In Pittsburgh, The state is being sued by three school districts in western Pennsylvania for mandating “culturally relevant and sustaining education.”
In an effort to prevent the Shapiro administration from implementing “culturally relevant and sustaining education,” also known as CRSE, in every school district in Pennsylvania, the Mars Area, Penn Crest, and Laurel school districts, along with two teachers, several board members, and parents, filed a lawsuit on Monday.
The Laurel School District’s Leonard Rich provided KDKA-TV with an explanation of why the district and himself joined the lawsuit.
“CSRE goes beyond and tells students what to think,” he said. “I’m more driven to tell students and encourage students on how to think.”
“The district’s objection that we are being mandated to not teach our kids how to think but what to think,” he added. “Freedom of expression is a First Amendment right.”
Tom Breth, the plaintiff’s lawyer, provided some instances of what he claims to be the worst of the 49 recommendations that were released at the conclusion of the Wolf administration.
According to Breth, these mandates include asking students about the social, political, and economic power structures in their school, community, and the wider world, requiring teachers to question students about these structures, and expecting teachers to believe in and acknowledge the reality of microaggressions.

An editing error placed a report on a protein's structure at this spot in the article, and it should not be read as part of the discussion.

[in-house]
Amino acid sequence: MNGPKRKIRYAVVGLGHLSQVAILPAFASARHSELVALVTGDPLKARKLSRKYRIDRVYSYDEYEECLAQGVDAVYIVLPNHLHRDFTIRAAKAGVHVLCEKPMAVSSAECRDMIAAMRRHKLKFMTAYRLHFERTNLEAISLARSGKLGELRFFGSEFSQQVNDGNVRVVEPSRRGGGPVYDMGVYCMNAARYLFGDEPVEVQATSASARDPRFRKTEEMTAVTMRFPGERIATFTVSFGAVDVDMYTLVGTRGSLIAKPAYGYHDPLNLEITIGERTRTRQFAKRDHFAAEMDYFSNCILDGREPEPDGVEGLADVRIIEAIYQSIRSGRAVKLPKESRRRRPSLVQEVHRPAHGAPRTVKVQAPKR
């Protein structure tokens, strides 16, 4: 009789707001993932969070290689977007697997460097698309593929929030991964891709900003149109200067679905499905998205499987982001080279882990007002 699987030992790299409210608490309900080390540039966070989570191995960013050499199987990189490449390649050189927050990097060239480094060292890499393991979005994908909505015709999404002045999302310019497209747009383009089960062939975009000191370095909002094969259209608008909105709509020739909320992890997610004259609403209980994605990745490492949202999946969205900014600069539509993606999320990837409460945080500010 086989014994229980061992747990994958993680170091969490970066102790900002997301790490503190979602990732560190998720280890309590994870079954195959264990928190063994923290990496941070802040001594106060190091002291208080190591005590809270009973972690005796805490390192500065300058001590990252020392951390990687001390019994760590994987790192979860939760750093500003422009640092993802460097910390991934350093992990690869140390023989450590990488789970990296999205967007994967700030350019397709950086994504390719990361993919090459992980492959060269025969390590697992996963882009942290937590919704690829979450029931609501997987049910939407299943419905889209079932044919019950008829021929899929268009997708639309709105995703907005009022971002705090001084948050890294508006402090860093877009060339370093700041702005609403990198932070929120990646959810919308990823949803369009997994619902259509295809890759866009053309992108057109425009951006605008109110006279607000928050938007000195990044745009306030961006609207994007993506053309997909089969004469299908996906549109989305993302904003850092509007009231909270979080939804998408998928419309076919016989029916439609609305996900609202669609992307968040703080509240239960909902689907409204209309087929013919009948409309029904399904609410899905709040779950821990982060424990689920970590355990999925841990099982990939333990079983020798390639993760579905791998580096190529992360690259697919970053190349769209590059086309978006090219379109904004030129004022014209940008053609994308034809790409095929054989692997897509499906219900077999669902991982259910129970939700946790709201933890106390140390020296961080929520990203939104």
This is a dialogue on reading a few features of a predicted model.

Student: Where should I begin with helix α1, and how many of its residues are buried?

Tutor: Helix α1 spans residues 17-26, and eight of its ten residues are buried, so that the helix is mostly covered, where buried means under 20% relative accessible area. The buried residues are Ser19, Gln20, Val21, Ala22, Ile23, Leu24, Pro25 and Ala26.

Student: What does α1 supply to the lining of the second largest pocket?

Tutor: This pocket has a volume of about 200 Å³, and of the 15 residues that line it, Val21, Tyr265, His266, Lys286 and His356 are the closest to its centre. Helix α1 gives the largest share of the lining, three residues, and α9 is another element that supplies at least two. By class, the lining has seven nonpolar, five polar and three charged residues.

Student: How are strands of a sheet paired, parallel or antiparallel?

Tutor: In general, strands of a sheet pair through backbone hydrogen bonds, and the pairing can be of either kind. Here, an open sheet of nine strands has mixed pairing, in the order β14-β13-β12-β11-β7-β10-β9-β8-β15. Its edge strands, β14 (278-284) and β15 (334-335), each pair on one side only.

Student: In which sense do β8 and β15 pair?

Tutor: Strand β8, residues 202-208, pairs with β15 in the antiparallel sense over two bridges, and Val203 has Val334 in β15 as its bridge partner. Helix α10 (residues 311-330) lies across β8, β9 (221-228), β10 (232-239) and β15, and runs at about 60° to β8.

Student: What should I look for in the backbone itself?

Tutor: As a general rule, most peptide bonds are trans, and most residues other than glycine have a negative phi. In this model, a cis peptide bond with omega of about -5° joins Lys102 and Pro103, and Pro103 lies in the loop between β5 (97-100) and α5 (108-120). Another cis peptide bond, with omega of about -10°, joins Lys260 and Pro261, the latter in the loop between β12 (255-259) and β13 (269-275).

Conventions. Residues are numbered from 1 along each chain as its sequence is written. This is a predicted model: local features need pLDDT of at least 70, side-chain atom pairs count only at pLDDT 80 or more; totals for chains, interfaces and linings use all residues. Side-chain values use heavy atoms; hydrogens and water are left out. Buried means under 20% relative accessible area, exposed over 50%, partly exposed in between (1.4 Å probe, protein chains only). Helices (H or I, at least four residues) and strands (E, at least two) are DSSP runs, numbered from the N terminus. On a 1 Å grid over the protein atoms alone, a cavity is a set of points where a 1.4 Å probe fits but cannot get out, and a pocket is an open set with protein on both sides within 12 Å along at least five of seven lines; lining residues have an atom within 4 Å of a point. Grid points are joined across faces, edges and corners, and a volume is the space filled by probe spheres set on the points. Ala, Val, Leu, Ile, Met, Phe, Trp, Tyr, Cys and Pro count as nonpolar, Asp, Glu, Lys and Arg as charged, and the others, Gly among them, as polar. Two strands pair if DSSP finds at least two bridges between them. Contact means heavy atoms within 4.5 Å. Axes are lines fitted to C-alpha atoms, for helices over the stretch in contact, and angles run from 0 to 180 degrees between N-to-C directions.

“The Department of Dducation is trying to tell parents and students what they have to believe,” Breth said. Reavr
“I fear if they can tell teachers and students and parents what they have to believe in this circumstance, what’s the next circumstances they are going to tell them to believe?” he added.
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The rules are scheduled to take effect in all state school districts on July 1.
Breth claimed that the regulations are too broad and constitutionally ambiguous. According to him, the state never followed the regulatory procedure, and he is asking the court to grant curriculum control to school boards.
“(The state) threaten they are going to withhold the subsidies that are owed these school districts if they don’t fully comply,” he said.
In order to react to the case, the state has 30 days. A representative for the Shapiro administration declined to comment.
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